St Paul's Presbyterian Church in Katikati has had to cancel its popular Paddy's Market for the first time in 53 years.
October is the month of the popular church fundraising event, held in an unbroken run through the decades, but Covid-19 has interrupted this continuity.
Market committee chairman Graeme Wallis says the market is an important social event for Katikati's community.
''Today, market day requires the church organising committee to find more than 45 volunteers to help on the day. Last year we had over 200 people waiting to get in at opening time.
Due to the uncertainty Covid-19 has imposed on the staging of such an event for a large crowd, the market day is off this year.
This is not the end of the market, though. The market committee are taking a ''wait and see'' approach for the future.
''Only God knows what our future will be. There is one thing I know for sure. What began as an idea to raise funds to support the building of a church here in Katikati by seven woman will not die because of Covid-19.''
Graeme would like to thank all who have supported, encouraged and contributed to Paddy's Market over the years.
By Graeme Wallis
St Paul's Presbyterian Church
Settlers arriving into Katikati in 1875 were mostly Anglicans among the Presbyterians.
Within a year they had formed a "home church" and became known as The Katikati Presbyterian Church under first minister, Reverend John Mark.
The church's first recorded "bazaar" (fundraiser) took place in October, 1907. Records show this was organised by seven church women with the sole purpose of raising funds to build the first church. They raised £54 ($108 in today's rates). This was a lot of money when the total annual giving for the same year was just £12.
The first church was built on the corner of Main Rd and Mulgan St, where the present-day church stands. Over the next five years these women collected enough funds to clear a substantial amount of the debt for the land and construction.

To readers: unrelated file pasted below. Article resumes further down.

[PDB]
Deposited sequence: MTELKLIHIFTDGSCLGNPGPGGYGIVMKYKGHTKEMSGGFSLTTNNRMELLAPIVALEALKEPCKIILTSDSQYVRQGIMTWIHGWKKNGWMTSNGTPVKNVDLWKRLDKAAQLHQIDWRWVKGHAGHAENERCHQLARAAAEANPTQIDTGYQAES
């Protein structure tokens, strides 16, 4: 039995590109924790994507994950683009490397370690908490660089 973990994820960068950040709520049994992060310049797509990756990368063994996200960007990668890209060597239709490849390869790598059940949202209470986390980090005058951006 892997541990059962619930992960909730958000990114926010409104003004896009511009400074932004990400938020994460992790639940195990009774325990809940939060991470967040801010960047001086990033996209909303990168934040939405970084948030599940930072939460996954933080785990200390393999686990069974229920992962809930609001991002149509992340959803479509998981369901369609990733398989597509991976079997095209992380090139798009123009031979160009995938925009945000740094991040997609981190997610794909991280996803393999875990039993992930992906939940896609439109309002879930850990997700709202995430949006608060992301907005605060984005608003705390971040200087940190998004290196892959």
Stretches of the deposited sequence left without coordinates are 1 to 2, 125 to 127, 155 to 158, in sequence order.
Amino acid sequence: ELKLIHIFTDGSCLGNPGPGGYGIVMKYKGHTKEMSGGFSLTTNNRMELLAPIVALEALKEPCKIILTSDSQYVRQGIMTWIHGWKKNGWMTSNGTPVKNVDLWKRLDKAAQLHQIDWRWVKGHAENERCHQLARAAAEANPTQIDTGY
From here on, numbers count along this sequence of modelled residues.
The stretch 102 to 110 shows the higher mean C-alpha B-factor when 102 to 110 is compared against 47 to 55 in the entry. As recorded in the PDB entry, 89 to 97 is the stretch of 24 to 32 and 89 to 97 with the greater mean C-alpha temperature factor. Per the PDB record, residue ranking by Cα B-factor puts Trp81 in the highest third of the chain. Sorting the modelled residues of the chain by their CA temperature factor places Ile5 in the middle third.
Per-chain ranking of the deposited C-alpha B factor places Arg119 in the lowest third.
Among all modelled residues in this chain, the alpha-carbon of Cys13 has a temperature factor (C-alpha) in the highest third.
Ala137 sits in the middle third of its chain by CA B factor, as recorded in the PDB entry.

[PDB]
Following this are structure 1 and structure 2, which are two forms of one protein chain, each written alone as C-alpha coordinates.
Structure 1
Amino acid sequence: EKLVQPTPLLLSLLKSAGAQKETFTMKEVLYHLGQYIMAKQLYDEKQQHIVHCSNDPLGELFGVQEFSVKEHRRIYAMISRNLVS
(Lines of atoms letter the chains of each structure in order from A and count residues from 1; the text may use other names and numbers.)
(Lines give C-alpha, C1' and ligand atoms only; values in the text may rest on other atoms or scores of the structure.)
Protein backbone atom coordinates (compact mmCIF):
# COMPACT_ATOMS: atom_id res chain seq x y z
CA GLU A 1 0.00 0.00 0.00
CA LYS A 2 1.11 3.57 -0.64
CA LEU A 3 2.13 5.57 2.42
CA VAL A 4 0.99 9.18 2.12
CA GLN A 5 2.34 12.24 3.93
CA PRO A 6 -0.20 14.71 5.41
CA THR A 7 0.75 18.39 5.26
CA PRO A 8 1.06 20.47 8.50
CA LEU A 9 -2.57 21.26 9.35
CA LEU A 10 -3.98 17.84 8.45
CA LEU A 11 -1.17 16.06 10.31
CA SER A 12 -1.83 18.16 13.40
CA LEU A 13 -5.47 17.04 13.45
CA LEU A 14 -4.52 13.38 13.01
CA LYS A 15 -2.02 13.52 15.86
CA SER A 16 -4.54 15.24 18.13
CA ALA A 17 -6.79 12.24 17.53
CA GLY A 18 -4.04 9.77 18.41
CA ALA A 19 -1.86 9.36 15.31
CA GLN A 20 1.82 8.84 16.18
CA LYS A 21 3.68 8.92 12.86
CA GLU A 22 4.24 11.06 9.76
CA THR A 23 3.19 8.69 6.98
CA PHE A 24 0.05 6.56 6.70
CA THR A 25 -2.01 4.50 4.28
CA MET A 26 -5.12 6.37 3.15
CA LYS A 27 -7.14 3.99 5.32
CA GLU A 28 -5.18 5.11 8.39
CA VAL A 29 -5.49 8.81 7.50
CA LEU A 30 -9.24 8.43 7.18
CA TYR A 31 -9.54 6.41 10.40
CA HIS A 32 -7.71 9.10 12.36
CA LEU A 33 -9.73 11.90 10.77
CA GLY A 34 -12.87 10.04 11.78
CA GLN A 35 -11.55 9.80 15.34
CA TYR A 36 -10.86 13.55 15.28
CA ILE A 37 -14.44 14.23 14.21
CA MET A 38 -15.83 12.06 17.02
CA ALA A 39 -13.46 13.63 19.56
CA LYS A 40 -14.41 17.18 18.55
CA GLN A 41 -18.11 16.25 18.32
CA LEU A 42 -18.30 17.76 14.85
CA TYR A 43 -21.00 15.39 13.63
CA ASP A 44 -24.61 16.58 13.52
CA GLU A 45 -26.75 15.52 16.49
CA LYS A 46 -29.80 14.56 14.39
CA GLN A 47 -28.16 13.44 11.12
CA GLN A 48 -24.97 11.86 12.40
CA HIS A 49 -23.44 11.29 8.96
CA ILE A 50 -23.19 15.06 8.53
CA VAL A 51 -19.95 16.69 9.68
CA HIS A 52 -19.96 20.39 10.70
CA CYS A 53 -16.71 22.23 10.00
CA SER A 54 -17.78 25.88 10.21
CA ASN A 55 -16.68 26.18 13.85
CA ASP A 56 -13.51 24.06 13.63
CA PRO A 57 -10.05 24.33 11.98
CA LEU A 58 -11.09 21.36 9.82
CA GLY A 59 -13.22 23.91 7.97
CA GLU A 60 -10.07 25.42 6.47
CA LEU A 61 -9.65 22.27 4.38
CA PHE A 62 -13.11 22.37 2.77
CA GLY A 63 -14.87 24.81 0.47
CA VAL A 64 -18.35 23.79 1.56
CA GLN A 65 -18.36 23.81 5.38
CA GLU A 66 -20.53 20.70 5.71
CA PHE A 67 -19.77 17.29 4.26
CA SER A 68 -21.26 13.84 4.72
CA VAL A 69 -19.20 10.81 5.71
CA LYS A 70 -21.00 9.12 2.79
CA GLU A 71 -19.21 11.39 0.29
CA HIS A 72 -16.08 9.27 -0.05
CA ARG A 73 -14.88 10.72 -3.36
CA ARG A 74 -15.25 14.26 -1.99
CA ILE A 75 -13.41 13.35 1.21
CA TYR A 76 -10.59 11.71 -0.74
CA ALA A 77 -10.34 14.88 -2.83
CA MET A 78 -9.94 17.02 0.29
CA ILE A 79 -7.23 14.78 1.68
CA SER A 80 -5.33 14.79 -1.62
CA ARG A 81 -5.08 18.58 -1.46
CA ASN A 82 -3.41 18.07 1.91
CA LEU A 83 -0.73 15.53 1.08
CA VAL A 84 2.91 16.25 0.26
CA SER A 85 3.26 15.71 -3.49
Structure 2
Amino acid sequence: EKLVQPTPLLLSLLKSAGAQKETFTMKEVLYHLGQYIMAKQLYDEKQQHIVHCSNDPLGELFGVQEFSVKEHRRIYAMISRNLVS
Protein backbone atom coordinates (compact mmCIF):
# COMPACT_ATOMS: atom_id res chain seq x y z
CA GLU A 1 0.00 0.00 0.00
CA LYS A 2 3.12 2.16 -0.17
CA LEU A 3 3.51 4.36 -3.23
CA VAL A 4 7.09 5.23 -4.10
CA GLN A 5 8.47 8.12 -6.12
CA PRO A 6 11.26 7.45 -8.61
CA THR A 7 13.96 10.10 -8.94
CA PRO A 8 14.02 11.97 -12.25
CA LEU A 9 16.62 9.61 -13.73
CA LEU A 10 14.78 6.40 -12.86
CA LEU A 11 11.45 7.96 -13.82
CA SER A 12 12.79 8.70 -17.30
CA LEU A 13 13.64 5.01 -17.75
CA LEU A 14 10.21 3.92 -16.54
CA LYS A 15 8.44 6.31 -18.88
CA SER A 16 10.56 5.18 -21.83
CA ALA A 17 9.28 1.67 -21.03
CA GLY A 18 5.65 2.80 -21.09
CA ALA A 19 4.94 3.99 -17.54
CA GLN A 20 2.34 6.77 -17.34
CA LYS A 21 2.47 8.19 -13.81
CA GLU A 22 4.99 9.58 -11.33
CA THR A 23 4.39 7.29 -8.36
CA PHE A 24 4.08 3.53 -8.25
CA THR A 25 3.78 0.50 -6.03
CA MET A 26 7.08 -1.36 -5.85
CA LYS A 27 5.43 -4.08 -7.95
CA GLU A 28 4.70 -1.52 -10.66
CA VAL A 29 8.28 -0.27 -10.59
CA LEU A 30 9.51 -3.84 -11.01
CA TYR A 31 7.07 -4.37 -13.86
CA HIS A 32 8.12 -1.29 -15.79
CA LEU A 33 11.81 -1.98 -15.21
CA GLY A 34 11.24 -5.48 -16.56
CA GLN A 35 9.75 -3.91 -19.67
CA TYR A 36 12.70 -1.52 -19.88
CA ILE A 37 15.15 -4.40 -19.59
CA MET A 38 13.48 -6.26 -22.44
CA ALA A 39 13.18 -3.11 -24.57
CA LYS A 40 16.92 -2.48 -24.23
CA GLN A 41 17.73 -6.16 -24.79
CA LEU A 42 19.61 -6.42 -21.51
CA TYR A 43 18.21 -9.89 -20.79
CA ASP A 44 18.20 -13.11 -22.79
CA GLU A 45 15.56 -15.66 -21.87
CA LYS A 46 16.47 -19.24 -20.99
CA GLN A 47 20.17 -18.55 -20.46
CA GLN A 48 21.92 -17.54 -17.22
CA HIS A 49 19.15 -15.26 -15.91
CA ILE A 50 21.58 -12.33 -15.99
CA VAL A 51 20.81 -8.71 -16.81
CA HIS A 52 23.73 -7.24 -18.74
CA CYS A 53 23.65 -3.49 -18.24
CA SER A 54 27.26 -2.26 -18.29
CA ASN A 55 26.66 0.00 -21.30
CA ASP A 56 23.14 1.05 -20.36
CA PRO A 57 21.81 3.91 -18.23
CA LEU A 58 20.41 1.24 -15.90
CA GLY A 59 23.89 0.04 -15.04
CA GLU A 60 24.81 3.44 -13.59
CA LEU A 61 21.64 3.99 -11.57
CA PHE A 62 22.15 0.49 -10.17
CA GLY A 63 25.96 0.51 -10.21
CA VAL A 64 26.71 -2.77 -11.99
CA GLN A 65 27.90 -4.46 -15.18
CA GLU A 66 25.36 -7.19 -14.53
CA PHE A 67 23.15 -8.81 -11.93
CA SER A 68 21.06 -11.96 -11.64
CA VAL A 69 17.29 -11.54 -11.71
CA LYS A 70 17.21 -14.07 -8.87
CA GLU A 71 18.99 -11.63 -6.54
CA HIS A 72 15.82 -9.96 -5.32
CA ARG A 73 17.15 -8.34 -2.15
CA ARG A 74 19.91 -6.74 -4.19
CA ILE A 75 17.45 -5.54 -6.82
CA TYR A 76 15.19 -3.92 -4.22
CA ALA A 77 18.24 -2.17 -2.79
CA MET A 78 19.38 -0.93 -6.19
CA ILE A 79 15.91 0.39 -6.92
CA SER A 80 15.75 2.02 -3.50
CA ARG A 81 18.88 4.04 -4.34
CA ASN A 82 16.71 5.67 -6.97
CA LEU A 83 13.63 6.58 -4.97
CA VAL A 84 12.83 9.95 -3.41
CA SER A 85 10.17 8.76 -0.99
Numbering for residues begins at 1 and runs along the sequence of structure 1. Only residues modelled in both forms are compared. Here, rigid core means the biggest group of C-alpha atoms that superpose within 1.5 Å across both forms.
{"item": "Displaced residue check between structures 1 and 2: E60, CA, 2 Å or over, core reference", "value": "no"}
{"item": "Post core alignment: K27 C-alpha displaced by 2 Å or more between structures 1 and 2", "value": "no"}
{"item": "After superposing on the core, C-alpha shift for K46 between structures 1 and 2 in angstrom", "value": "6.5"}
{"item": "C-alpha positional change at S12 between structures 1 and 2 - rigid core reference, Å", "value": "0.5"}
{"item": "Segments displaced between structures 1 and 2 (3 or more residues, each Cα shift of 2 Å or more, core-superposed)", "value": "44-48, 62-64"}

Membership of the church flourished - and so did the women's efforts. They continued to raise funds for the church and community projects such as children activities, sports and social events. In 1913 they were officially recognised for their contribution and became known as The Ladies Guild.
The next 55 years brought two world wars, the Great Depression and boom times.
Fundraising fell mainly to the church women. Countless fetes or garden parties, bazaars, cake stalls, calf-rearing programmes, firewood chopping and selling and many other enterprises were organised to raise funds.
A fundamental fundraising change
A major change occurred in 1968, when church member David Noble and other members came up with the idea to hold an annual church fair as a fundraising event.
In the past, the Aongatete and Katikati Ladies Guilds did their separate fundraising over the entire year. It was proposed that both Ladies Guilds should combine for a single one-day event under the new name "Paddy's Market".
The name came about when David was chatting with Bert Orange, then Minister of St Paul's Church. David had seen a cartoon picture of a man carrying a pig in a basket, and suggested "Paddy's Market" would be a catchy name for the fair.
Paddy's Market 53 years on
For the next 46 years Paddy's Market was held each October in the Katikati War Memorial Hall.
The annual market became a major local event and crowds would form long before opening time.
For the past seven years the market day has been held in the church's new premises. The change of venue gave the public the opportunity to see the new, modern facility. Graeme says it has brought change in what offerings are presented for sale, and how they are presented.
''There is less demand for second-hand household items, and a stronger demand for more craft items and homemade food items. New technology has had its impact with the likes of Trade Me, By Sell & Exchange etc. We are constantly seeking feedback from our market attendees as to how we can do things better and what items they are seeking to find at a Paddy's Market.''
Graeme says the church has evolved through its 113 years. There are Christian missions to India and Nepal; classrooms have been built for a school in Vanuatu; and it has helped with medical and school materials after Cyclone Pam hit many Pacific islands. The church support local groups and organisations ''in building a better community here in Katikati".